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Digital disruption or digital dividend? The impact of new technology on the economy

  • Date(s)
    28 September 2015
  • Time
    8.15am-9.30am
  • Location
    Beachview Restaurant, 135 Kings Road, Brighton, BN1 2HX
Digital disruption or digital dividend? The impact of new technology on the economy

The UK has outpaced many other leading economies in recent years but productivity remains stubbornly low, something that the Bank of England has termed the UK’s ‘productivity puzzle’. The result has been stagnating living standards. Is the widespread adoption of information communication technologies (ICTs), including harnessing the potential of cloud computing and big data, the answer?

Although the UK is leading the world in the take-up of online shopping and has thriving hi-tech clusters of new startups, there is far more potential to adopt ICT across sectors, including public services. The US has been able to adopt ICT across its economy at a faster rate over the past couple of decades, resulting in far higher productivity.

The politics of digitalisation are challenging though. The forces of ‘creative destruction’ can disrupt jobs and the way people work and live. People from all backgrounds need to be enabled to harness technology and meet the demands of rapidly changing labour markets, whether they work for themselves or for someone else.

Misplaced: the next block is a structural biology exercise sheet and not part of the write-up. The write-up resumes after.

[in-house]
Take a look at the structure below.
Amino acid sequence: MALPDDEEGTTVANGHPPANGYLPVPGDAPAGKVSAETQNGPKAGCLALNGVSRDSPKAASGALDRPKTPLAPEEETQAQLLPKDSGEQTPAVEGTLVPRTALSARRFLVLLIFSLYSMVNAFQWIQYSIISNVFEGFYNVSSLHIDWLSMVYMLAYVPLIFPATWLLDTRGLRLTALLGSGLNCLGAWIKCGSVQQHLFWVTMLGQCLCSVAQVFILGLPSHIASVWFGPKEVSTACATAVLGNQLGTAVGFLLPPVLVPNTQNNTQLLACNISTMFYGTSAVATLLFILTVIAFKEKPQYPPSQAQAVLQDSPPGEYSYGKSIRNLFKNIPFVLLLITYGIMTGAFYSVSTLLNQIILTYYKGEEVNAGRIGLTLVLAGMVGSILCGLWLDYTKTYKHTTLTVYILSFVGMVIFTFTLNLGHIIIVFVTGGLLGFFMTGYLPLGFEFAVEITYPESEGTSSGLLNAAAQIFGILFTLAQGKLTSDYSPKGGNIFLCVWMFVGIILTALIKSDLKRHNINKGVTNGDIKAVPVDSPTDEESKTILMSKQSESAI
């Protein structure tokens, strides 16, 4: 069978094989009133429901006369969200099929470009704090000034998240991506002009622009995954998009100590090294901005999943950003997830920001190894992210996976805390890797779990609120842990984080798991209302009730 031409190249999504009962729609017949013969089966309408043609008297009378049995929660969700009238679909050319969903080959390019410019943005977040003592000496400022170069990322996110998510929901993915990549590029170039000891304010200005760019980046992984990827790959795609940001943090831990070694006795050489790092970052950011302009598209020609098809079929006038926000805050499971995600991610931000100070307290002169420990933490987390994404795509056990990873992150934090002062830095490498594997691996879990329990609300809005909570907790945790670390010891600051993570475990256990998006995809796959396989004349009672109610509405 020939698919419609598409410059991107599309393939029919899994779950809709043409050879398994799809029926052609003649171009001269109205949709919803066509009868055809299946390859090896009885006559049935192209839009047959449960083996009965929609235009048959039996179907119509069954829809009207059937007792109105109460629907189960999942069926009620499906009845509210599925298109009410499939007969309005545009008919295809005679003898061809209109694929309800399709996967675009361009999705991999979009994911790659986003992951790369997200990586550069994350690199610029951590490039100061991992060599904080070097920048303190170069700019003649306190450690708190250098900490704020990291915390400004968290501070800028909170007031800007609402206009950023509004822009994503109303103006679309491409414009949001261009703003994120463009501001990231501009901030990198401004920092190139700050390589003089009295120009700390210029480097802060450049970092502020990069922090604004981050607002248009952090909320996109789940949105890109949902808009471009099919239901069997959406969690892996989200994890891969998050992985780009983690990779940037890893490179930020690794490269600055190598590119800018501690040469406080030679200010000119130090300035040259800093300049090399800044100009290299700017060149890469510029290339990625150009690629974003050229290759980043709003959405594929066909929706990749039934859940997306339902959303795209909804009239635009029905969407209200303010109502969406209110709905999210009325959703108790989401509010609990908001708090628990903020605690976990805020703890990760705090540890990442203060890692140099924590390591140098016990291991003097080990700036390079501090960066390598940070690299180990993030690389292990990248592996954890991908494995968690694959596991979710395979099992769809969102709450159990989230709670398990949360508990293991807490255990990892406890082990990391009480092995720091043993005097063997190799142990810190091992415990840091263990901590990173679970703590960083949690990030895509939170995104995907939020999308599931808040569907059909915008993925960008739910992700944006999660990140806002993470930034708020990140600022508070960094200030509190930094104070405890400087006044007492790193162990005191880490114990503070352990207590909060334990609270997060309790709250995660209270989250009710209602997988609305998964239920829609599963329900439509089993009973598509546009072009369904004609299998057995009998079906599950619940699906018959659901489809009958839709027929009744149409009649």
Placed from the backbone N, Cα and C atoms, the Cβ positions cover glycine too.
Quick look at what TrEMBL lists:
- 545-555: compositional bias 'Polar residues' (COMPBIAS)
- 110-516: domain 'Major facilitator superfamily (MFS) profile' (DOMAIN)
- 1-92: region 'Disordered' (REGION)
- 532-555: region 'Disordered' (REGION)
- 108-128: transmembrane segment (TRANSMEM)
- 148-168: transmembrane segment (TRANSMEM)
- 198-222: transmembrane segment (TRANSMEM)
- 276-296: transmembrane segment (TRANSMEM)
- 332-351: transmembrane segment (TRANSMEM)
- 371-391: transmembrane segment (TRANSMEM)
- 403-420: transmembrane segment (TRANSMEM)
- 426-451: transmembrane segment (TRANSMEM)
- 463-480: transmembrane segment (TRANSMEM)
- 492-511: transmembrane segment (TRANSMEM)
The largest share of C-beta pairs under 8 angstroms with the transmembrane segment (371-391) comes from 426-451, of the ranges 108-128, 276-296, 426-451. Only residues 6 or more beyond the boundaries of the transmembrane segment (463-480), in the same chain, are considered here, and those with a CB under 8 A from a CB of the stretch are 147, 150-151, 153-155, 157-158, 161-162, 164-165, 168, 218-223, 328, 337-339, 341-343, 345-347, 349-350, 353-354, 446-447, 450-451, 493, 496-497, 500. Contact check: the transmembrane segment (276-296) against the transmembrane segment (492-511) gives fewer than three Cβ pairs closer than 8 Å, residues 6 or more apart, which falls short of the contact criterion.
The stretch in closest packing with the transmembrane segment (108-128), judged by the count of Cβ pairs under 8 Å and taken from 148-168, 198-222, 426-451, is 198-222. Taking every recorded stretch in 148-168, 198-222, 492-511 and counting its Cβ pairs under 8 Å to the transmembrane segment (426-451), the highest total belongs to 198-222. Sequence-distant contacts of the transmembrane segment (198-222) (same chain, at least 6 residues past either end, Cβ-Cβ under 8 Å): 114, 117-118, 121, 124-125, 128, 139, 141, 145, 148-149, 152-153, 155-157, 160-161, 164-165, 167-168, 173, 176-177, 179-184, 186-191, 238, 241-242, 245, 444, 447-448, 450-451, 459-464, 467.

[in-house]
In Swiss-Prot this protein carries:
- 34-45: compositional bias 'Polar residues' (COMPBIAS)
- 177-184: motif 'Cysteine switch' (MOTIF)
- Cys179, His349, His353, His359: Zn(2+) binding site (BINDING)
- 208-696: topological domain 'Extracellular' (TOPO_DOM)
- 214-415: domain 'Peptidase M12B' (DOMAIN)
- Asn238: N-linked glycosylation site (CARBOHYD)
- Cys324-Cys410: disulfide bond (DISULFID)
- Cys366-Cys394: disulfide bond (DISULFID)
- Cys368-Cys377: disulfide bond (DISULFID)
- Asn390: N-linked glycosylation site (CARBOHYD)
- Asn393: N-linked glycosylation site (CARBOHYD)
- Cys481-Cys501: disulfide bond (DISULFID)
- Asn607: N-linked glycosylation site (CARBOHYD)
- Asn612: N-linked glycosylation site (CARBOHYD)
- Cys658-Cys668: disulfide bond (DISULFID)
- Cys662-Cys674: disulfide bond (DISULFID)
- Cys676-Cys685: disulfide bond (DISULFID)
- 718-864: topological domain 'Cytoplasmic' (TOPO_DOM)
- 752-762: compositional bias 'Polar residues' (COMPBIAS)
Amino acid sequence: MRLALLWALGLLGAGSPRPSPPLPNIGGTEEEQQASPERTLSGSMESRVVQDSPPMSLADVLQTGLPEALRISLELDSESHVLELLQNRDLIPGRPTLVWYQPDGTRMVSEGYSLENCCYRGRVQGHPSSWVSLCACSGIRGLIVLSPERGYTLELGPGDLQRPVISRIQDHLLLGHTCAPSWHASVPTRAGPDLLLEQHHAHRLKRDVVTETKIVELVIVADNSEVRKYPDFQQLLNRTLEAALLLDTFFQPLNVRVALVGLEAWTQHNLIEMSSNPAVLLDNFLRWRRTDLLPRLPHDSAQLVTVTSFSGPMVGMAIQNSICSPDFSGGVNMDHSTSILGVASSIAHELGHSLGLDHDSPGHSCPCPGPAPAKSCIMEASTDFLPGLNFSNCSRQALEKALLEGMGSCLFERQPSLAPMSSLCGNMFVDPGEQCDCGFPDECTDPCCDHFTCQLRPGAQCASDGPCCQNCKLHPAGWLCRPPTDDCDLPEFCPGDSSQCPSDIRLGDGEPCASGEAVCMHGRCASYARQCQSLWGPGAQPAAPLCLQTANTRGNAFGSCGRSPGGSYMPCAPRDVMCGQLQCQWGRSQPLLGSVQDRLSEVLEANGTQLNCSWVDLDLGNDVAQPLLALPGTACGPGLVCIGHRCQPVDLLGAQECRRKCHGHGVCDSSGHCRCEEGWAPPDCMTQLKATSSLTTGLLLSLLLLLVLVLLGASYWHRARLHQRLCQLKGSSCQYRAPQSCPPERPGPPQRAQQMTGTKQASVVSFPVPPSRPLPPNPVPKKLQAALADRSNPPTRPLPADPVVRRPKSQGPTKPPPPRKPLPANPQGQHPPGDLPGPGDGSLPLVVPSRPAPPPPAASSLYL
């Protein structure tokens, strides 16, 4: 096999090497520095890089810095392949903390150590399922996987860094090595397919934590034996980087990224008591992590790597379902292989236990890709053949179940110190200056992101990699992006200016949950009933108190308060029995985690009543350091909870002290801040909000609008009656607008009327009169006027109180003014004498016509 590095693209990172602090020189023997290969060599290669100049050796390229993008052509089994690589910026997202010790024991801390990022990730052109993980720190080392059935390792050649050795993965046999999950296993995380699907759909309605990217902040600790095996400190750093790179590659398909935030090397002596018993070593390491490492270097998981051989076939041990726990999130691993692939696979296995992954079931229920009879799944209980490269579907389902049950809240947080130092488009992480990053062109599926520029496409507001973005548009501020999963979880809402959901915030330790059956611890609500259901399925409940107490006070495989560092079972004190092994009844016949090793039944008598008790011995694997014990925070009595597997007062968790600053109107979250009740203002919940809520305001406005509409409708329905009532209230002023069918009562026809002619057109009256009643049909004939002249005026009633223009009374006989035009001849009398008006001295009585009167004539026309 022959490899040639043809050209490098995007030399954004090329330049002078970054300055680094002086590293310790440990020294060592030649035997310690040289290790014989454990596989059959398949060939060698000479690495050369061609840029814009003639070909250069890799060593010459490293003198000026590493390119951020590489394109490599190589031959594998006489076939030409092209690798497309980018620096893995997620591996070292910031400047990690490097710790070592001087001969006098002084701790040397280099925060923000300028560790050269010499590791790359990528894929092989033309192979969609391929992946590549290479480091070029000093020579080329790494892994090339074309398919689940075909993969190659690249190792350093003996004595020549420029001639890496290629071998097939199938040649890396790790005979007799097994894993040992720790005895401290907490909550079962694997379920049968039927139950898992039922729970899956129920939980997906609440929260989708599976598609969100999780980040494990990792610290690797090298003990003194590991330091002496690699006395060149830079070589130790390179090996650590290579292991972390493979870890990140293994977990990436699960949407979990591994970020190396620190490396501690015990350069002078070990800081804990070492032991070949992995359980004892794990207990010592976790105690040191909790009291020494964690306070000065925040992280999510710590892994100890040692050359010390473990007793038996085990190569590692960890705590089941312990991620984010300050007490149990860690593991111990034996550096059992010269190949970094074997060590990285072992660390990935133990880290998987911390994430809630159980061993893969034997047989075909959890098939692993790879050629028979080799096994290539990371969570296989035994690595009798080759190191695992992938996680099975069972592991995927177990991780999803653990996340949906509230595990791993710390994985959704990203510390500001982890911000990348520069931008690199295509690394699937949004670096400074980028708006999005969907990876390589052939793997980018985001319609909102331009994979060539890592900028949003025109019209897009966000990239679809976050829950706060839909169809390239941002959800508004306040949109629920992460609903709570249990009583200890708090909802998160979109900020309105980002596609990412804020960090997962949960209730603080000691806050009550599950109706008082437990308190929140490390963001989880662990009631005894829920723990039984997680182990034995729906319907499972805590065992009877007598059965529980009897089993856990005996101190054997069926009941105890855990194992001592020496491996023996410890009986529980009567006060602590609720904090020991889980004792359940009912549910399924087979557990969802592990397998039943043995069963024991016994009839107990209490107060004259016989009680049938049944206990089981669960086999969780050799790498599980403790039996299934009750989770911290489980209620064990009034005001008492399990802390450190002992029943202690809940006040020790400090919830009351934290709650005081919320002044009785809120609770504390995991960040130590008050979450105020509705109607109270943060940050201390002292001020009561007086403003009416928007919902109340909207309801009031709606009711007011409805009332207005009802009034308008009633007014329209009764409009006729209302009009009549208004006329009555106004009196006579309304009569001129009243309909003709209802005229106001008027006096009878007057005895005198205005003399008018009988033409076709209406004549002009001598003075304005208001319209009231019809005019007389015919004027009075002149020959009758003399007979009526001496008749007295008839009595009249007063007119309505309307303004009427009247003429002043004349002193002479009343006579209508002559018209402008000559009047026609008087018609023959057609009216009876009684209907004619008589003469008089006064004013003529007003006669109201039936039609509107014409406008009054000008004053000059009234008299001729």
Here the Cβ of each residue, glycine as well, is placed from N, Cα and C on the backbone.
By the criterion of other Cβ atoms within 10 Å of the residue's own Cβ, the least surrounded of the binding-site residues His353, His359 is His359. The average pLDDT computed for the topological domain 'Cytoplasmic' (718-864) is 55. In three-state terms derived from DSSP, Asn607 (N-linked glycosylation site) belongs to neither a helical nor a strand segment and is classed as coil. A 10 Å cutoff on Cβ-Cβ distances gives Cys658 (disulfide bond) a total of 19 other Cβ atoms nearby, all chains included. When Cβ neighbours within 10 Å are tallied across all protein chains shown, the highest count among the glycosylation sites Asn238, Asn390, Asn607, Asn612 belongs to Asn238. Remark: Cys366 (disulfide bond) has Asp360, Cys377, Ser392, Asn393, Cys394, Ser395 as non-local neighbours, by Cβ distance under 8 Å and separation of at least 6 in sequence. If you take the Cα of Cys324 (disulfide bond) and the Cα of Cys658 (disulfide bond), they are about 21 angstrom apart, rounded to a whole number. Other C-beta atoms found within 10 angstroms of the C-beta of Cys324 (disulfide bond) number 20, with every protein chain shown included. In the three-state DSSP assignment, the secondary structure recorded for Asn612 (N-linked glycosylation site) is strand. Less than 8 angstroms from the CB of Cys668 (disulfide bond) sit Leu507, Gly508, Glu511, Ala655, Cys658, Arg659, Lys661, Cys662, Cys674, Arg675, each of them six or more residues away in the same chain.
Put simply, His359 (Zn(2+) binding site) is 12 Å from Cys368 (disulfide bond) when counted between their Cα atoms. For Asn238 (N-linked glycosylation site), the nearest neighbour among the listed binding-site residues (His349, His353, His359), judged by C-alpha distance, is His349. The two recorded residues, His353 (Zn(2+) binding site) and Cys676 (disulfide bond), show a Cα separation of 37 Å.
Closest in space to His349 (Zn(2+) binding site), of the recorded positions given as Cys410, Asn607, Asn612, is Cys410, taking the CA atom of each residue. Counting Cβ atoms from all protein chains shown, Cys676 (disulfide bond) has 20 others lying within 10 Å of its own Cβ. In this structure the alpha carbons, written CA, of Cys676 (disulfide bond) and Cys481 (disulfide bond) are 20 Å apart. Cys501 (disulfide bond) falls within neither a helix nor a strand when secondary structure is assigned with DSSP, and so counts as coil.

• How can UK businesses be supported to be at the forefront of the digital economy and make the most of new advances in cloud computing and big data?​
  • Where can major productivity gains be achieved in the delivery of public services? And what are the barriers to adopting ICT?​
  • What more can be done to ensure that we prepare young people for the demands of a digitally-enabled economy and enable people to adapt to change?

 

Speakers:

Alison McGovern MP

Hugh Milward, director of corporate affairs, Microsoft UK

Tim Page, senior policy officer at the TUC (economic and industrial policy)

Anthony Painter, director of policy and strategy, RSA

Chi Onwurah MP, shadow minister for the digital economy

Chair: Thomas Aubrey, senior adviser, Policy Network

Partner: Microsoft

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